Lane-Smith, Derek R. (1969) Electrical processes in heavy rain in the tropics. Doctoral thesis, Durham University.
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The thesis is based on research carried out in Sierra Leone over a period of several years. An asymmetric field mill and a 'wide-angle' shielded receiver have been developed for the measurement of electric field and precipitation current in tropical thunderstorms. A detailed field-mill theory is presented which analyses the effects of leakage currents, inadequate grounding, contact potentials, conduction current, 'pick-up' of fluctuating electric fields and noise in the amplifier. Principles are deduced for the optimum design of a precision field mill using either a phase sensitive detector or an asymmetric signal. Measurements of precipitation current and its response to step changes in the field show that turbulent diffusion of splash droplets probably constitutes an important, even dominant, electrical process in heavy rain. The response of precipitation current to a lightning flash, averaged over many flashes, is large and has a delay of a few seconds. From the analysis of various models considered as a mechanism to explain the results it is deduced that charge carried on splash droplets is being diffused upwards by turbulence, transported by wind and is itself precipitating into the rain receiver. An experiment was performed to measure the electric current due to evaporation. The results show that the current due to evaporation in the presence of an electric field is much smaller than that due to conduction in air. The observation of a 'warm' thunderstorm cloud is reported. A project was developed to make visual and electrical measurements simultaneously on the same cloud. A time lapse film of tropical clouds, together with some electric field measurements beneath them, are used to discuss the flow pattern associated with a tropical thunderstorm and the mechanism by which it becomes charged. Appendices include an analysis of the shielding effect of a vertical rod at ground potential, the description of some further instrumentation, including a data processing system designed by the author which uses a novel but effective method of detecting the occurrence of the peak of a signal, more detailed mathematical derivations of equations used in the main text and a filming schedule for the time-lapse photography.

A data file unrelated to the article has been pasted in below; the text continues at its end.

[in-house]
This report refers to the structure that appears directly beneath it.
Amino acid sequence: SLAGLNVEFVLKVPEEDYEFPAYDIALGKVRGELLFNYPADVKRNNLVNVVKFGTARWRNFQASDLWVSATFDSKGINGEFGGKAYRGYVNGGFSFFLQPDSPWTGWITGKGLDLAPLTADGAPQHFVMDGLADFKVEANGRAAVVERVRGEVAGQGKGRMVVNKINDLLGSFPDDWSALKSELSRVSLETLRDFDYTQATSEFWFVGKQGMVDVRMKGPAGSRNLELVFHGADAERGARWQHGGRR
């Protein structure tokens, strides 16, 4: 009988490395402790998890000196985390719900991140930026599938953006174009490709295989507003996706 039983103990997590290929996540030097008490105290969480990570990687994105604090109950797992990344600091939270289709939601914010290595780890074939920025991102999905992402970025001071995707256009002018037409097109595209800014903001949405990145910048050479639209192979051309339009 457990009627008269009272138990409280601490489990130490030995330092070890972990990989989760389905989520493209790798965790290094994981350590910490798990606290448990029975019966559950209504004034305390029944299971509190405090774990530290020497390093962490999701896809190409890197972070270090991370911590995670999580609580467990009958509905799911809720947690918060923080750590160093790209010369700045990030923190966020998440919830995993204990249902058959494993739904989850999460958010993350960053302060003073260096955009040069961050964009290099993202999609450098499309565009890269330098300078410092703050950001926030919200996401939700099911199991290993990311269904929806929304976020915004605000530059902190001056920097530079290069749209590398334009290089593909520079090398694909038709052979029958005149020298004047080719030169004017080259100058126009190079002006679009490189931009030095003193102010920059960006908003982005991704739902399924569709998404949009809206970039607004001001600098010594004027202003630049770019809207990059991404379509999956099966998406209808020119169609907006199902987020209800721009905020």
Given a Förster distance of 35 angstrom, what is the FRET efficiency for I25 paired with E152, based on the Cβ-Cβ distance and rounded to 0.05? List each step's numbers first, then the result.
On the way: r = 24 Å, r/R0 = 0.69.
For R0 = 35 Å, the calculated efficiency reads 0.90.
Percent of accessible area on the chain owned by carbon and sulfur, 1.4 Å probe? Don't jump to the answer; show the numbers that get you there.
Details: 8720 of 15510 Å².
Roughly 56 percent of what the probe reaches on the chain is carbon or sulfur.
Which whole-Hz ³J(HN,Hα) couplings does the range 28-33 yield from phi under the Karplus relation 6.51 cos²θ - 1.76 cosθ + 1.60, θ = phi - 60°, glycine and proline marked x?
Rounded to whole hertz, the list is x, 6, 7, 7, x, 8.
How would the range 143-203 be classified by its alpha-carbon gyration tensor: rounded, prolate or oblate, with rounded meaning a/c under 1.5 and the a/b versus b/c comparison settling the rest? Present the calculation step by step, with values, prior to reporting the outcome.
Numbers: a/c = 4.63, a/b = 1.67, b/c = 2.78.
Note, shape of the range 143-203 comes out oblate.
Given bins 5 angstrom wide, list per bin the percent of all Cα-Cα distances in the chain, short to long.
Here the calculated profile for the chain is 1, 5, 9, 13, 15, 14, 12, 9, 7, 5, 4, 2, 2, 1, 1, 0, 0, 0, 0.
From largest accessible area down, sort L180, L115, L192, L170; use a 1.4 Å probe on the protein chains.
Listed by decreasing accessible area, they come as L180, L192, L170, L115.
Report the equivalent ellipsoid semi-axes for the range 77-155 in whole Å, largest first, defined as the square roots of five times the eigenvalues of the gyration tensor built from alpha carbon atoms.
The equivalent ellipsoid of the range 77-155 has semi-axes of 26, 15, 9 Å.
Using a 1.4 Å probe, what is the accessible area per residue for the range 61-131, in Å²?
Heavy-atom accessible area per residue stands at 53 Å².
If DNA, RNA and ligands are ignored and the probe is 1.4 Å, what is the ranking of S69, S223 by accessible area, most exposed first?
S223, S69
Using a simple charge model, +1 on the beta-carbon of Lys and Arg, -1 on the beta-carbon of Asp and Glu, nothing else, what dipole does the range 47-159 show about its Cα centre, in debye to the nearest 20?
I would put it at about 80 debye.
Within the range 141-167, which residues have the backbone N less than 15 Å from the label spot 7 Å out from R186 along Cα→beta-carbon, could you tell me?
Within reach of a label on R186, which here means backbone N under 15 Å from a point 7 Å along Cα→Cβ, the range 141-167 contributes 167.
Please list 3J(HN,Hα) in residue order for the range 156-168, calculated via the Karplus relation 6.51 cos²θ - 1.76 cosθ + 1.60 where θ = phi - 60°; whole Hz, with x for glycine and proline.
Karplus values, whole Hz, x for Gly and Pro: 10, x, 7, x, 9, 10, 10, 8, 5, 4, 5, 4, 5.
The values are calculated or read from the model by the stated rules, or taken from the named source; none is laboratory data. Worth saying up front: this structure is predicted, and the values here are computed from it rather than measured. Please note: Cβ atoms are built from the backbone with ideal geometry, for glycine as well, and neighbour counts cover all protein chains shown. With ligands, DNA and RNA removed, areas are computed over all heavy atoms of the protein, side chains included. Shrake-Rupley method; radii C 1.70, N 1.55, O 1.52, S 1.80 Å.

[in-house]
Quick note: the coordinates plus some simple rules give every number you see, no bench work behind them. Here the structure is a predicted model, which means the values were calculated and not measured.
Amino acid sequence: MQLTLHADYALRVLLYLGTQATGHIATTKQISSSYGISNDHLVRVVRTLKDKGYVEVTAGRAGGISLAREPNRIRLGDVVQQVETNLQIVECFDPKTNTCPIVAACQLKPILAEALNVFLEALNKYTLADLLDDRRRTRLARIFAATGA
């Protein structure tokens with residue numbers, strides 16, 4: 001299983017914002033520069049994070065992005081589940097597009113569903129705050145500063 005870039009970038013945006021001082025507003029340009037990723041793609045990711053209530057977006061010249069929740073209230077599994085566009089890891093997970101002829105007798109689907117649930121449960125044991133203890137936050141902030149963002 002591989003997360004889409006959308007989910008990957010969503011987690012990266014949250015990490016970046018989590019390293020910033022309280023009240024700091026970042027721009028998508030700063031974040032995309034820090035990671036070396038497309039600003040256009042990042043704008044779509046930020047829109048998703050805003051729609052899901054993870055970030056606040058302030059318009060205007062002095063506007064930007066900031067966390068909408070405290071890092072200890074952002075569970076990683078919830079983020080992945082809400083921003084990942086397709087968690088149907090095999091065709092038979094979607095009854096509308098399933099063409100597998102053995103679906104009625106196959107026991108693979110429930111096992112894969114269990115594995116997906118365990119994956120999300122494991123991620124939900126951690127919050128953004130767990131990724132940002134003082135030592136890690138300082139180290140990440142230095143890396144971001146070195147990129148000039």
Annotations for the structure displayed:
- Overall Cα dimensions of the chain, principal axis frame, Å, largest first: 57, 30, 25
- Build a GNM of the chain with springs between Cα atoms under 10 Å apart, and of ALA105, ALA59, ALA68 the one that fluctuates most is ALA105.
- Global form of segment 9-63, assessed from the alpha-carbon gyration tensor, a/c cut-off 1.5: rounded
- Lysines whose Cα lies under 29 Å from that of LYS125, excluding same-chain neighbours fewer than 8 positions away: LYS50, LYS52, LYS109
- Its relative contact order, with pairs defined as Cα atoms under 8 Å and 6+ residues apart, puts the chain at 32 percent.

|Item Type:||Thesis (Doctoral)|
|Award:||Doctor of Philosophy|
|Copyright:||Copyright of this thesis is held by the author|
|Deposited On:||13 Nov 2013 15:39|